"Tweeting about Israel because you're Jewish must mean that you hate Palestinians, come on admit it! Why can't you and other Jews just stop hating Palestinians? Do you see Israel as a legitimate state?"
"I'm critical of the government's approach to expanding settlements and of human rights abuses on both sides - I don't hate Palestine or Palestinians, and yes I think that Israel and Palestine both have the right to self-determination"
"I can't believe you just said that about Israel, Jews have no sense of justice"
Fairly shocked and disheartened at the student's lack of willingness to listen to my side of all of this, and noting his decision to bypass me to get to students to pass out his pile of magazines, I decided to continue making sure my students were all together. How exactly does the Israel/Palestine question factor into a march defending, extending, and protecting the rights of students and future generations of students vis a vis government cuts? I asked myself.
So remember that feeling of solidarity and that buzz I was talking about, and how there may be a variety of political views on the spectrum but that everyone had come to the demonstration with a single purpose? Disillusionment doesn't even begin to describe how I felt, not at the purpose of the march but at the student movement. Because this wasn't an attack on being a Zionist, this was a gross generalisation of a faith and of a people, based on false inferences by a student with a perverse sense of evangelicalism who would not let me put my case forward. His disgusting rhetoric, if not hate speech, was not what I nor what any student should or would expect to be confronted with at a national student demonstration. Had I been an average first year student I may have taken this as an example of what the student movement is like on the whole, something which I would say would be misguided and untrue.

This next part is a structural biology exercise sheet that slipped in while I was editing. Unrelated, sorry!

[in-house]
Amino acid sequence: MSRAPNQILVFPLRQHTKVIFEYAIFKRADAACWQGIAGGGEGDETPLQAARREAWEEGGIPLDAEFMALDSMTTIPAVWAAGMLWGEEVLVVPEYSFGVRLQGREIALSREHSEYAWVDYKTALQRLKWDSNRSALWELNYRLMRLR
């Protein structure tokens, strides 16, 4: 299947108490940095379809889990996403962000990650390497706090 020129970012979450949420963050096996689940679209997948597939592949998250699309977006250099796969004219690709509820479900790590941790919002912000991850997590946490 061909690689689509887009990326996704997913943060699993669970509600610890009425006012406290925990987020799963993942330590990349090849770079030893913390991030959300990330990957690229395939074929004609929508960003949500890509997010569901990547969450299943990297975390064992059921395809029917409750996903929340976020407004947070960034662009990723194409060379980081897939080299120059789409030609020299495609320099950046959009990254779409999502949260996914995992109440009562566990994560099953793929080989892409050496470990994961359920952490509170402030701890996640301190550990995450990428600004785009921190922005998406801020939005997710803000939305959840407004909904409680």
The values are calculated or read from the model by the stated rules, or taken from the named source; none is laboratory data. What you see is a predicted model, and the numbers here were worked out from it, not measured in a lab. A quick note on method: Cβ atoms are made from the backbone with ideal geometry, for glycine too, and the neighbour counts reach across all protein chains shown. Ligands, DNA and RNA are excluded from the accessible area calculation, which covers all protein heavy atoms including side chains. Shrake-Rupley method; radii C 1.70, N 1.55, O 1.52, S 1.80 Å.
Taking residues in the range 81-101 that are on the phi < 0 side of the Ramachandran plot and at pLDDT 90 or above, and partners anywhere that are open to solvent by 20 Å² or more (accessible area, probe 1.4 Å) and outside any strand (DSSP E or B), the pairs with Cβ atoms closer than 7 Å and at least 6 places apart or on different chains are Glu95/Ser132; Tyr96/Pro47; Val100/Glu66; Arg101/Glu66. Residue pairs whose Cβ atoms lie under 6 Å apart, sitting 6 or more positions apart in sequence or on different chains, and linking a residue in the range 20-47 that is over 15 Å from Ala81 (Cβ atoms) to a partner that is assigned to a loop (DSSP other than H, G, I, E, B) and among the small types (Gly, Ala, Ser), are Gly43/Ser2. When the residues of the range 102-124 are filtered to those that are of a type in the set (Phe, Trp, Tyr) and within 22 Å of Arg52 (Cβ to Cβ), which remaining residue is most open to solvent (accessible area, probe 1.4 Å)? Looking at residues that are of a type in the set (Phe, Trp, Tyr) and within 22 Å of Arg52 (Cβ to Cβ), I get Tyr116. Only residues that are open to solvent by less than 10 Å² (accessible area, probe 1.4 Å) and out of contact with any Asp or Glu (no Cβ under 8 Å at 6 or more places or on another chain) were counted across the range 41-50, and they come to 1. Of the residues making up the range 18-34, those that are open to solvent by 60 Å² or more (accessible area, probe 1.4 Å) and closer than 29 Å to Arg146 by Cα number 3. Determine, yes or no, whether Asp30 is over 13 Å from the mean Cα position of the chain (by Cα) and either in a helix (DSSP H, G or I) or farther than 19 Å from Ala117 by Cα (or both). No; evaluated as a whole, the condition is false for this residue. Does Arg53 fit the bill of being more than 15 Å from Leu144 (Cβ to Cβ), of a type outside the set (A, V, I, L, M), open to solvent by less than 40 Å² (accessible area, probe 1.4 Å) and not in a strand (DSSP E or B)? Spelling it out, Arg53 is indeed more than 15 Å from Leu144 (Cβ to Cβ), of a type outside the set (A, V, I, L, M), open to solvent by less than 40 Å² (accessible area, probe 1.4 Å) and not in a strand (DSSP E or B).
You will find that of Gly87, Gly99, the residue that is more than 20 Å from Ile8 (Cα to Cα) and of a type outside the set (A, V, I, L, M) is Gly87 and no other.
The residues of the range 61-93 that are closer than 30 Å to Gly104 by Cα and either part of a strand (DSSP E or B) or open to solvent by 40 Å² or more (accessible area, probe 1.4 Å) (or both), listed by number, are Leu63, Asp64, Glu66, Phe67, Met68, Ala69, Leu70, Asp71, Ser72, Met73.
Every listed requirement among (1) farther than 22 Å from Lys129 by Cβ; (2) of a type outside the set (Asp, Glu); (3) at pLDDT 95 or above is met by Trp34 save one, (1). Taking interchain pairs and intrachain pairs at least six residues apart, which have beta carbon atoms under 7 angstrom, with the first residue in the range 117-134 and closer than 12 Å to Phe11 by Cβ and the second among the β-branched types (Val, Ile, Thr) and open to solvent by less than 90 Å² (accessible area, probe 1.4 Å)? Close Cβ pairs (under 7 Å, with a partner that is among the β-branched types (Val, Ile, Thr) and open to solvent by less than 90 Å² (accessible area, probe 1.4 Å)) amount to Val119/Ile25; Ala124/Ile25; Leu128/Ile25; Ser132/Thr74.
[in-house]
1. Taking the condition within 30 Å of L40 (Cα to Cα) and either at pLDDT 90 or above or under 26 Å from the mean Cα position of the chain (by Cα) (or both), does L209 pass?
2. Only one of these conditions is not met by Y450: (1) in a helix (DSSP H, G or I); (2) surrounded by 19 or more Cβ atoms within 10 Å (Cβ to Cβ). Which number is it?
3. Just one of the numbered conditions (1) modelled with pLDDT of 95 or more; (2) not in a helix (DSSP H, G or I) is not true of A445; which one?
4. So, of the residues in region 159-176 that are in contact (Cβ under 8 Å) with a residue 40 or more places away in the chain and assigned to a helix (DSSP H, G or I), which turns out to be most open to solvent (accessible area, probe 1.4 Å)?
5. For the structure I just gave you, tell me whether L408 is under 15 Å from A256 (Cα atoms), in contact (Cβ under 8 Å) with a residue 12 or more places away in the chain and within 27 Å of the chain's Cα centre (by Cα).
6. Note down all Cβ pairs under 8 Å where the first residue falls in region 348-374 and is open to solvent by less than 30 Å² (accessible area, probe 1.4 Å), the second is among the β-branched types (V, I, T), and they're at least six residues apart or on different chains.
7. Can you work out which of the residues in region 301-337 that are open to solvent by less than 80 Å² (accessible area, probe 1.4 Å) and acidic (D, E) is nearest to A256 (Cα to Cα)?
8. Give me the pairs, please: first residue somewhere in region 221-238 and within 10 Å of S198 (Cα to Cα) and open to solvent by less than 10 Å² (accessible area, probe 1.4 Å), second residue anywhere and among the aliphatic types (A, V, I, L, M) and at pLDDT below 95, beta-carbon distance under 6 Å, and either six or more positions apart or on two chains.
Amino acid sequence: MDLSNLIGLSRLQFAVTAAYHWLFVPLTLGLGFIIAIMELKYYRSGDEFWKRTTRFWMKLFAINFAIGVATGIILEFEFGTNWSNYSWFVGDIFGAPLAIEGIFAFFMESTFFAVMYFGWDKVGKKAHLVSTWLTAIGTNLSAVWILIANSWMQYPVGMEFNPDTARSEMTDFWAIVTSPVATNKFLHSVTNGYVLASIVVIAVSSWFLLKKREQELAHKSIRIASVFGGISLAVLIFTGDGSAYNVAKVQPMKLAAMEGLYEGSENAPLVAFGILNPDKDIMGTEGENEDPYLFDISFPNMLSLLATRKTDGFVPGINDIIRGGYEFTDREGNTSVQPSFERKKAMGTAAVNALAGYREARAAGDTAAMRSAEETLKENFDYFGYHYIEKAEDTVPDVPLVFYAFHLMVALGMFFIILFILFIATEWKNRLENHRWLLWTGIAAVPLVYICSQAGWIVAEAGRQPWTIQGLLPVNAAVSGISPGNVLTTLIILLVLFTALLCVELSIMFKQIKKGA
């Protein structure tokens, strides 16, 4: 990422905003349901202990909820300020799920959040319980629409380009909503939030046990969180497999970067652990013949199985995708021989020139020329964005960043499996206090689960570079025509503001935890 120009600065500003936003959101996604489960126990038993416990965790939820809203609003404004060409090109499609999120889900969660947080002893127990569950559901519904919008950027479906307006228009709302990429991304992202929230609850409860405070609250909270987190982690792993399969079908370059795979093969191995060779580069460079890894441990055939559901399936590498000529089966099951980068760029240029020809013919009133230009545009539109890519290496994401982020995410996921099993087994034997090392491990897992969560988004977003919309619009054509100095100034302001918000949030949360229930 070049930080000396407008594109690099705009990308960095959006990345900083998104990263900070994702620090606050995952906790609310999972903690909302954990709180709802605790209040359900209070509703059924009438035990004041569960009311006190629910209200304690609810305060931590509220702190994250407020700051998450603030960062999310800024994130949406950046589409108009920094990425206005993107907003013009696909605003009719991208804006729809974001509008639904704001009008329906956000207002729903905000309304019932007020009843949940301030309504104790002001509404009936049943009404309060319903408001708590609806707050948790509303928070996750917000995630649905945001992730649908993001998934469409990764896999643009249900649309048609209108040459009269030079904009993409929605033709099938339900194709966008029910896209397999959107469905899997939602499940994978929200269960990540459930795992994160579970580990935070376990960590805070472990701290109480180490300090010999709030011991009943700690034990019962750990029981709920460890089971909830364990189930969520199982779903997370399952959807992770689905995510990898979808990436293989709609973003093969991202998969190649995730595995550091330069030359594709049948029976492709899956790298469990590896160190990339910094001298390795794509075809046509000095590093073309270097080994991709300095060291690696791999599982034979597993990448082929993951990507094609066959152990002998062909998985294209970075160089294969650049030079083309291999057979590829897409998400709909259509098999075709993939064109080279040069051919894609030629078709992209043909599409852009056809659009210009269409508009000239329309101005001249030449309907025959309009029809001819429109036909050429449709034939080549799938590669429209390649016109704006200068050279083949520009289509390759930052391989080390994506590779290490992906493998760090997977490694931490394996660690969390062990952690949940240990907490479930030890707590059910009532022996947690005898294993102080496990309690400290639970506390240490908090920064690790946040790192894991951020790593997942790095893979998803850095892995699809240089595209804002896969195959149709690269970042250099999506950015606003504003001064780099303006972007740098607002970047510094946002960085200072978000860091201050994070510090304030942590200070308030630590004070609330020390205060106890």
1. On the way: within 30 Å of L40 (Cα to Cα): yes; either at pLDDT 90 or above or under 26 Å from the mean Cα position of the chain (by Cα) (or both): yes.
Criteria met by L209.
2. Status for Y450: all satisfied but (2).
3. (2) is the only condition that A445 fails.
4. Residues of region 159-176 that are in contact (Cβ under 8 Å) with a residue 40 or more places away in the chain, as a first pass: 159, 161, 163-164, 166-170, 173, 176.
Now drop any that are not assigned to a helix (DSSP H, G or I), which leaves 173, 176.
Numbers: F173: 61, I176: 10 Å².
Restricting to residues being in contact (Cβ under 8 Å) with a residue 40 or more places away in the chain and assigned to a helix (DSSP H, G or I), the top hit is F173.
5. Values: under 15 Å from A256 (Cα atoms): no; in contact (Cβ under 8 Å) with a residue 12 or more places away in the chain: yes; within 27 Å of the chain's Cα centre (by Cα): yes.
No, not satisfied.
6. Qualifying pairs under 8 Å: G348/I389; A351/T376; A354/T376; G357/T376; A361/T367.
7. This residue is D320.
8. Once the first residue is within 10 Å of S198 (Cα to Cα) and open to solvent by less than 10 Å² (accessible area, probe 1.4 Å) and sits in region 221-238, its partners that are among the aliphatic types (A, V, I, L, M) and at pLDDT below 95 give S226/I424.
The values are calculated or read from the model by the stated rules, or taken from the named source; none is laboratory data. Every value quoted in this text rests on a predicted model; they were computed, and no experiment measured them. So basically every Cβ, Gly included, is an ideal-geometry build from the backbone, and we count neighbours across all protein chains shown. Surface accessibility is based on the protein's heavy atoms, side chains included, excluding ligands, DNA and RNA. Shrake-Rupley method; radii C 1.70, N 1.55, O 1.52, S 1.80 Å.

I know that right across the political spectrum the movement, as a whole, is bigger and better than that, because if there is one thing I like to think we can all broadly agree on it is in the necessity in respecting each other's identities. My views on Israel (though I would argue are fairly progressive and left-wing) can of course be questioned, but to bring my identity as a Jewish student into question and then make ignorant inferences about Jews in general is anti-Semitic and has no place within the movement.
I wouldn't want any of this to dissuade Jewish students from being involved in the movement nor of coming to future demonstrations by any means, in fact it is examples such as these which I would use to encourage students from any minority background to get involved and to strive to challenge bigoted views in society -- from the student movement up to the highest echelons of business and government.
I would never argue that there is one spot on the political spectrum that those within the student movement would nor should align themselves with, but in times of demonstrations it is at least conceivable that there would be an aligned political view on an issue such as government cuts or tuition fees, and that solidarity around the view would be paramount to other issues.
Today is the eighth and final night of Channukah, the Jewish festival of lights, which celebrates, the overcoming of adversity. To me it is a reminder of tolerance, respect, and renews my hope for better coexistence of minority and majority groups in the UK and around the world so that this kind of interaction at an event based upon solidarity and common views and values doesn't happen again.Suggest a correction